• Mean: Note s is known and e, the bound

within which you want to estimate µ, is given.

– The interval half-width is e, also called the

maximum likely error: e = z s

n

z 2 s 2

– Solving for n, we find: n=

e2

All Rights Reserved. May not be scanned, copied, or duplicated, or posted to a publicly accessible website, in whole or in part.

Sample Size Determination for µ

from a Finite Population

• Mean: Note s is known and e, the bound

within which you want to estimate µ, is given.

n = s 2

e2 + s 2

z2 N

N = population size

z = z-score for (1–a)% confidence

© 2011 Cengage Learning.

All Rights Reserved. May not be scanned, copied, or duplicated, or posted to a publicly accessible website, in whole or in part.

Sample Size Determination for p

from an Infinite Population

• Proportion: Note e, the bound within which

you want to estimate p, is given.

– The interval half-width is e, also called the

maximum likely error: e = z p(1– p)

n

z 2

e2

All Rights Reserved. May not be scanned, copied, or duplicated, or posted to a publicly accessible website, in whole or in part.

Sample Size Determination for p

from a Finite Population

• Mean: Note e, the bound within which you

want to estimate µ, is given.

n = p(1– p)

e2 + p(1– p)

z2 N

where n = required sample size

N = population size

z = z-score for (1–a)% confidence

p = sample estimator of p

© 2011 Cengage Learning.

All Rights Reserved. May not be scanned, copied, or duplicated, or posted to a publicly accessible website, in whole or in part.

An Example: Confidence Intervals

• Example, Problem 9.34: An automobile rental

agency has the following mileages for a simple

random sample of 20 cars that were rented last

year. Given this information, and assuming the

data are from a population that is approximately

normally distributed, construct and interpret the

90% confidence interval for the population mean.

55 35 65 64 69 37 88

80 39 61 54 50 74 92

59 50 38 59 29 60

© 2011 Cengage Learning.

All Rights Reserved. May not be scanned, copied, or duplicated, or posted to a publicly accessible website, in whole or in part.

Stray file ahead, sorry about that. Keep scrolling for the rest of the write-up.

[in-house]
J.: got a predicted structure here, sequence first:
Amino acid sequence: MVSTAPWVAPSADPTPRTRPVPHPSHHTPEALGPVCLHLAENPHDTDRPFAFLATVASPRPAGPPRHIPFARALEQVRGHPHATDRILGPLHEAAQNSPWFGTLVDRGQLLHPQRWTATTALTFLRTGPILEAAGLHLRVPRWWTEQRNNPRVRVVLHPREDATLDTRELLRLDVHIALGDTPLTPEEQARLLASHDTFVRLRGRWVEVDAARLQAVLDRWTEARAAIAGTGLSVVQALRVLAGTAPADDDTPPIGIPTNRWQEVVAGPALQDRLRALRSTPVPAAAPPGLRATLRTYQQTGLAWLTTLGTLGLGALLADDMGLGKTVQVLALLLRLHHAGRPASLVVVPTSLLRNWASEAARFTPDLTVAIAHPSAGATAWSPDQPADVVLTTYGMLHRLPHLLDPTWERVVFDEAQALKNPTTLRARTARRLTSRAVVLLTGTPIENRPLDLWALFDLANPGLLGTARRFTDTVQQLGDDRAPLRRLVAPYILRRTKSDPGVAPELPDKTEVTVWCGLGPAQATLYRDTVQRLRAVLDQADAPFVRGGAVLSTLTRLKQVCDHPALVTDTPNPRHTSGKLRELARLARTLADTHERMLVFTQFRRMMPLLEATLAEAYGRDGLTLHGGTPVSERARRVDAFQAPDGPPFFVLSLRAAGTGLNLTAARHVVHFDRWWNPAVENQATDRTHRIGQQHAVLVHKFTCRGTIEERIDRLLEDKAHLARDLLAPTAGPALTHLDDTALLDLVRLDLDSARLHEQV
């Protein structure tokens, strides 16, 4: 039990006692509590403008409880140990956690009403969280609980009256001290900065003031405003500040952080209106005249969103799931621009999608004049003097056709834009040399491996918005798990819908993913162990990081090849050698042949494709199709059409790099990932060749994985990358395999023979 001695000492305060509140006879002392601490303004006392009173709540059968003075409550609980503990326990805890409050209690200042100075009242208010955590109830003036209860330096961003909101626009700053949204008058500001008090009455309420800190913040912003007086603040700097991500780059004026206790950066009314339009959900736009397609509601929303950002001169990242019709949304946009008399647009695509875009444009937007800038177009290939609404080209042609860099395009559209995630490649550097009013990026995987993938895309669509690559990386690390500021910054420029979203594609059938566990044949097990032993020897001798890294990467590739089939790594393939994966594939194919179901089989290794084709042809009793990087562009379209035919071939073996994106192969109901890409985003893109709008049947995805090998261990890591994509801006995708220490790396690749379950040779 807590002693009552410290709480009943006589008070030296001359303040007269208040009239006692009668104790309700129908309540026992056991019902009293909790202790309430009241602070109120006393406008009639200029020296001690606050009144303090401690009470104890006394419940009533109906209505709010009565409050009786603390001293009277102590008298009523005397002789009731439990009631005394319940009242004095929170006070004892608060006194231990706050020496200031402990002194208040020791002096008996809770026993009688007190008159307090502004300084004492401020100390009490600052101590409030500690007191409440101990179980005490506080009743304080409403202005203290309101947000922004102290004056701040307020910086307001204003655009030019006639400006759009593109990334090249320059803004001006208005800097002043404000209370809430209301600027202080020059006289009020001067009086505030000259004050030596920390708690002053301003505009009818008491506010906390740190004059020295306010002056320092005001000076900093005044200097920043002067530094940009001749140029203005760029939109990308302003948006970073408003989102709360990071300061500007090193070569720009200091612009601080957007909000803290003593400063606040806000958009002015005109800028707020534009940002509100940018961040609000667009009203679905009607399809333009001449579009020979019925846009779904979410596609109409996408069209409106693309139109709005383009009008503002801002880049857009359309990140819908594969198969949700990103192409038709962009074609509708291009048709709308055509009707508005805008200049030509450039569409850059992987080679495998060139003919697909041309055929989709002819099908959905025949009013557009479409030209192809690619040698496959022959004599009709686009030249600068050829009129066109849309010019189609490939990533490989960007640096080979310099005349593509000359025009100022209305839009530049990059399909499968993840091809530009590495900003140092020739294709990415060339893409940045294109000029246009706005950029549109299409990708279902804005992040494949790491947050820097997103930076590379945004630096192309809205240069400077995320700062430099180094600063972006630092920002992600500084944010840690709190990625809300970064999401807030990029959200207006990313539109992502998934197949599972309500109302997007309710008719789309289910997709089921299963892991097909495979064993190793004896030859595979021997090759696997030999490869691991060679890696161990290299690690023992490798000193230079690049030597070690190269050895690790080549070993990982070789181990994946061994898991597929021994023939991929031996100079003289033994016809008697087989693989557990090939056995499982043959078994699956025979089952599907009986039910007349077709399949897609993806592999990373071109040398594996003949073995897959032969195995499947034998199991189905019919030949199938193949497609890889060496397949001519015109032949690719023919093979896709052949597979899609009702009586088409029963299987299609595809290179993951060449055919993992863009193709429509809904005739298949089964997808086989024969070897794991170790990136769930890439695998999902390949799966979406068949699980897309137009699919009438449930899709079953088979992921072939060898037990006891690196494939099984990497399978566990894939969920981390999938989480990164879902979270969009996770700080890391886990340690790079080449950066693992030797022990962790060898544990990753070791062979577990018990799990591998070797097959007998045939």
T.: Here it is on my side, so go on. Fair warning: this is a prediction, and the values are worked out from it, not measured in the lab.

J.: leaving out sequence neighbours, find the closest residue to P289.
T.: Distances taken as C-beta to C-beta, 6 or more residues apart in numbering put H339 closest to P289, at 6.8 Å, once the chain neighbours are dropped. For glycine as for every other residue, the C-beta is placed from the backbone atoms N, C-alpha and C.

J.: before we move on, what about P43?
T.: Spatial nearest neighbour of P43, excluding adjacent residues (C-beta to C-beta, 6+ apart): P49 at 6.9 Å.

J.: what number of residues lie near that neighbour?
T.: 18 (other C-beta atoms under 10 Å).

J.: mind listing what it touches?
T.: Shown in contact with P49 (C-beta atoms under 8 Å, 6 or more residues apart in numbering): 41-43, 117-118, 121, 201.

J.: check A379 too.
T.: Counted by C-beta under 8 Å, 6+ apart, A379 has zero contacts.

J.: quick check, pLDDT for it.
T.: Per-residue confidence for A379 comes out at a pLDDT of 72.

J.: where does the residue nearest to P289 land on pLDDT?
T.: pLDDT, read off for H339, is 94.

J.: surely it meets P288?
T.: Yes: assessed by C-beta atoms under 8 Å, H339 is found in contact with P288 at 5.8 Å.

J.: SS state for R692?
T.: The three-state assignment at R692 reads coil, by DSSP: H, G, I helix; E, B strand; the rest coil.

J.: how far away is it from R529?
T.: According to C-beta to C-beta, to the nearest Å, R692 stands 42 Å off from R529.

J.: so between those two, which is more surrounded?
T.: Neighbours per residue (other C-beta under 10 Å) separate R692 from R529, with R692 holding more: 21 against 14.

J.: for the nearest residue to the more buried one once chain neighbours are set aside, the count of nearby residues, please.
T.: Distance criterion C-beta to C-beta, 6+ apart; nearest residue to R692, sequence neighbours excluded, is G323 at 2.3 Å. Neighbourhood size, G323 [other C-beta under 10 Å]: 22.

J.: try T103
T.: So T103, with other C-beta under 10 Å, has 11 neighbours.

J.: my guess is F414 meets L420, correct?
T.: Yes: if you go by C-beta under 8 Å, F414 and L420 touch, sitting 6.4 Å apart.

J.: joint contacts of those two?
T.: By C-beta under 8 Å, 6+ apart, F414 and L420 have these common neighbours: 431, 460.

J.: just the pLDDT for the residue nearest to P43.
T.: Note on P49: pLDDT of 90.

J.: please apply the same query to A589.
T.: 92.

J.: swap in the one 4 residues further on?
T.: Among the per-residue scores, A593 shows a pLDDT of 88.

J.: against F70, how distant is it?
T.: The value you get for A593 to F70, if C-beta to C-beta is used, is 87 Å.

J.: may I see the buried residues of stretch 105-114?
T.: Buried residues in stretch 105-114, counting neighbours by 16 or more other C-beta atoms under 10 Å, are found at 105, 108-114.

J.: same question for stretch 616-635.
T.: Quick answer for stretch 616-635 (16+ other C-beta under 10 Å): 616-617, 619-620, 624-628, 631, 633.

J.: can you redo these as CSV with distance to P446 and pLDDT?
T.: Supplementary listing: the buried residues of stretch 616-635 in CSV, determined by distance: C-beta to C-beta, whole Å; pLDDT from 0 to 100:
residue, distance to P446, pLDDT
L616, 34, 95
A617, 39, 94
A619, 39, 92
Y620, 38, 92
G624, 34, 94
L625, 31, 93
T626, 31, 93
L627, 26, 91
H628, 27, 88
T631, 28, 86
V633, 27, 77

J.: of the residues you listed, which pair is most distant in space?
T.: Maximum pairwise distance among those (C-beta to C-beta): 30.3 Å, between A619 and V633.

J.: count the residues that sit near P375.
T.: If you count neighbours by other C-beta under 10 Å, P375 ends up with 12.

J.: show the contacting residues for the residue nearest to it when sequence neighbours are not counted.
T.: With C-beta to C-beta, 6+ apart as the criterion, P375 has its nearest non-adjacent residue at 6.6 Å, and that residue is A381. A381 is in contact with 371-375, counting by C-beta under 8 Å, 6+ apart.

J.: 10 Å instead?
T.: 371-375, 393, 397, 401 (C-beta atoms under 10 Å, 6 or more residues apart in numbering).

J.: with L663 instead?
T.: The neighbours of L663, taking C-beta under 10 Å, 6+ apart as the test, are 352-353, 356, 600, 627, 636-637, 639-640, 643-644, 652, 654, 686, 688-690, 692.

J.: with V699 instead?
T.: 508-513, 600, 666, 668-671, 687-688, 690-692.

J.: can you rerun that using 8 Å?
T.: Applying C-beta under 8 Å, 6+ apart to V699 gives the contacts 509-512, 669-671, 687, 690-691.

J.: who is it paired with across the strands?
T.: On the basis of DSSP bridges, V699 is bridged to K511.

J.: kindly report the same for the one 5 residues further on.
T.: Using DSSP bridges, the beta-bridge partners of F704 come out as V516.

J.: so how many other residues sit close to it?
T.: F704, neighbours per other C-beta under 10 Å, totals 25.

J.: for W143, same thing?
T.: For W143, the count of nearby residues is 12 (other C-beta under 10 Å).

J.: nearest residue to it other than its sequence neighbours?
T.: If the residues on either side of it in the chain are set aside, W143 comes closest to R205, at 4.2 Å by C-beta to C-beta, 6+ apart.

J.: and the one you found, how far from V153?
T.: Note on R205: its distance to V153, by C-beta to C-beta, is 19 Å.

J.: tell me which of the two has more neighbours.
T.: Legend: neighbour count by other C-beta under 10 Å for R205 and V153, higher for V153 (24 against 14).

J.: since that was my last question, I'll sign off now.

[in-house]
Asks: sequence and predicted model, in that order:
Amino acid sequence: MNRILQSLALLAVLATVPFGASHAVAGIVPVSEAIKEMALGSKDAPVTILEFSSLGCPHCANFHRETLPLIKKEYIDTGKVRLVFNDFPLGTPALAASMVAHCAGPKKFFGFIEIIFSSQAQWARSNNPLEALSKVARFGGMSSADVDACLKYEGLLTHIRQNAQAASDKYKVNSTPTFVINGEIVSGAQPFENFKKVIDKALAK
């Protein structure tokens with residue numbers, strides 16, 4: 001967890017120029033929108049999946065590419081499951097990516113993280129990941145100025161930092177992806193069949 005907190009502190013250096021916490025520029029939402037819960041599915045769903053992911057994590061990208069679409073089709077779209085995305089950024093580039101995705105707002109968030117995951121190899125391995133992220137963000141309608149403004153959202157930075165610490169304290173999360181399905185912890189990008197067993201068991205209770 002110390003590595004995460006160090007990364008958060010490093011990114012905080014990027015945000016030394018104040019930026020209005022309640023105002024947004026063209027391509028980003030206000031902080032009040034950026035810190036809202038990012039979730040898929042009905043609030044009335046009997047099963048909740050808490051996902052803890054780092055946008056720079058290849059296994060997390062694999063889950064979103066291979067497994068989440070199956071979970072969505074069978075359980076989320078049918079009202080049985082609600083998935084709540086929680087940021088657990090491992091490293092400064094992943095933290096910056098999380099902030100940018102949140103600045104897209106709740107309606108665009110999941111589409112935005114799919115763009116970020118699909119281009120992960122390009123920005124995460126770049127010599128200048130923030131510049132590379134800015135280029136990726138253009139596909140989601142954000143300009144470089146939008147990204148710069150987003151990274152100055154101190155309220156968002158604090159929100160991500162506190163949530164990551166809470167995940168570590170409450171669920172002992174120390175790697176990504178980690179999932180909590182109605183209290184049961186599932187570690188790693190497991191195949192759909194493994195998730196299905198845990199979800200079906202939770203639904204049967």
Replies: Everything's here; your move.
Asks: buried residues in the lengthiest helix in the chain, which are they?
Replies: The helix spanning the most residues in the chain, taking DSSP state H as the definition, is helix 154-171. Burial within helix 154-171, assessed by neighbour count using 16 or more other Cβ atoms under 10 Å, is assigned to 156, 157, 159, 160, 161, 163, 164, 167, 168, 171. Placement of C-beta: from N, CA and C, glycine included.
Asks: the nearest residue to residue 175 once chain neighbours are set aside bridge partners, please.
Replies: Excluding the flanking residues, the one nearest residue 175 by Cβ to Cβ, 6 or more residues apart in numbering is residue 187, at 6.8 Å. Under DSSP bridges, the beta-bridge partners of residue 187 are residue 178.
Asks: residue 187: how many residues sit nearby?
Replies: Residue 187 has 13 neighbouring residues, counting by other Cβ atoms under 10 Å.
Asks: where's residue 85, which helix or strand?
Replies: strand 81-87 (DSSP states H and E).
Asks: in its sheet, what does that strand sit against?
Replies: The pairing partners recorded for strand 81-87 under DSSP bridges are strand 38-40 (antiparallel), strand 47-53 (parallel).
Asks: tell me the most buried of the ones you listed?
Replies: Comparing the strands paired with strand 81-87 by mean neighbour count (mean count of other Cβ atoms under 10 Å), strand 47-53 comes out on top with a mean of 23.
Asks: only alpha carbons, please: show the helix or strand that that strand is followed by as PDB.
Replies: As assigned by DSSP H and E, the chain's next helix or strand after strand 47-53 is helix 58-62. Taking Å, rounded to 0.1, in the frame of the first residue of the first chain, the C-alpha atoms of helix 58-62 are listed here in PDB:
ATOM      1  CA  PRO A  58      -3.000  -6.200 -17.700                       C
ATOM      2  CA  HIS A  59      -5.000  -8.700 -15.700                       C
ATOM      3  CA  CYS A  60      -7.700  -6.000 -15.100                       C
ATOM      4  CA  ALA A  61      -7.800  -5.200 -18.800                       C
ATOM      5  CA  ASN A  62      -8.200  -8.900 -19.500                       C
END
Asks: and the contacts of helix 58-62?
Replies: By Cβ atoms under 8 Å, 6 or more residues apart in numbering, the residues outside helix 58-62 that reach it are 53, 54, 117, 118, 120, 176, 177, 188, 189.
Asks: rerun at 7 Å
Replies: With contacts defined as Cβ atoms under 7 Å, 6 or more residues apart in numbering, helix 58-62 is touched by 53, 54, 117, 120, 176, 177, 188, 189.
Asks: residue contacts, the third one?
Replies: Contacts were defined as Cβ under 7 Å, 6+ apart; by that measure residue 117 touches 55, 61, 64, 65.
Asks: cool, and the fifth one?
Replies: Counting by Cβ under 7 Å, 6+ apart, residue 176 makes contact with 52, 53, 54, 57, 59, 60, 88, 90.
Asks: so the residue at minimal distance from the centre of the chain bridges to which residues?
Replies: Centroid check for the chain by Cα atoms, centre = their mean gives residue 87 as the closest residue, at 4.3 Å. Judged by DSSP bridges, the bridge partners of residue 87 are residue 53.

A Confidence Interval Example, cont.

• Since s is not known but the population is approximately

normally distributed, we will use the t-distribution to

construct the 90% confidence interval on the mean.

x = 57.9, s = 17.384

df = 20 –1 = 19, a / 2 = 0.05

So, t = 1.729 a 2 a a 2

s 17.384 t: –t 0 +t

x t 57.9 1.729 x: x –t s

n

x x+t s

n

n 20

57.9 6.721 (51.179, 64.621) © 2011 Cengage Learning.

All Rights Reserved. May not be scanned, copied, or duplicated, or posted to a publicly accessible website, in whole or in part.

A Confidence Interval Example, cont.

• Interpretation:

– 90% of the time that samples of

20 cars are randomly selected

from this agency’s rental cars,

the average mileage will fall

between 51.179 miles and

64.621 miles.

© 2011 Cengage Learning.

All Rights Reserved. May not be scanned, copied, or duplicated, or posted to a publicly accessible website, in whole or in part.

An Example: Sample Size

• Example, Problem 9.63: A national political

candidate has commissioned a study to

determine the percentage of registered voters

who intend to vote for him in the upcoming

election. In order to have 95% confidence that

the sample percentage will be within 3

percentage points of the actual population

percentage, how large a simple random sample

is required?

All Rights Reserved. May not be scanned, copied, or duplicated, or posted to a publicly accessible website, in whole or in part.

A Sample Size Example, cont.

• From the problem we learn:

– (1 – a) = 0.95, so a = 0.05 and a /2 = 0.025

– e = 0.03

• Since no estimate for p is given, we will use 0.5

because that creates the largest standard error.

2( p)(1– p) 1.962 (0.5)(0.5)

n= z = = 1,067. 1

e2 (0.03)2

To preserve the minimum confidence, the candidate

should sample n = 1,068 voters.

All Rights Reserved. May not be scanned, copied, or duplicated, or posted to a publicly accessible website, in whole or in part.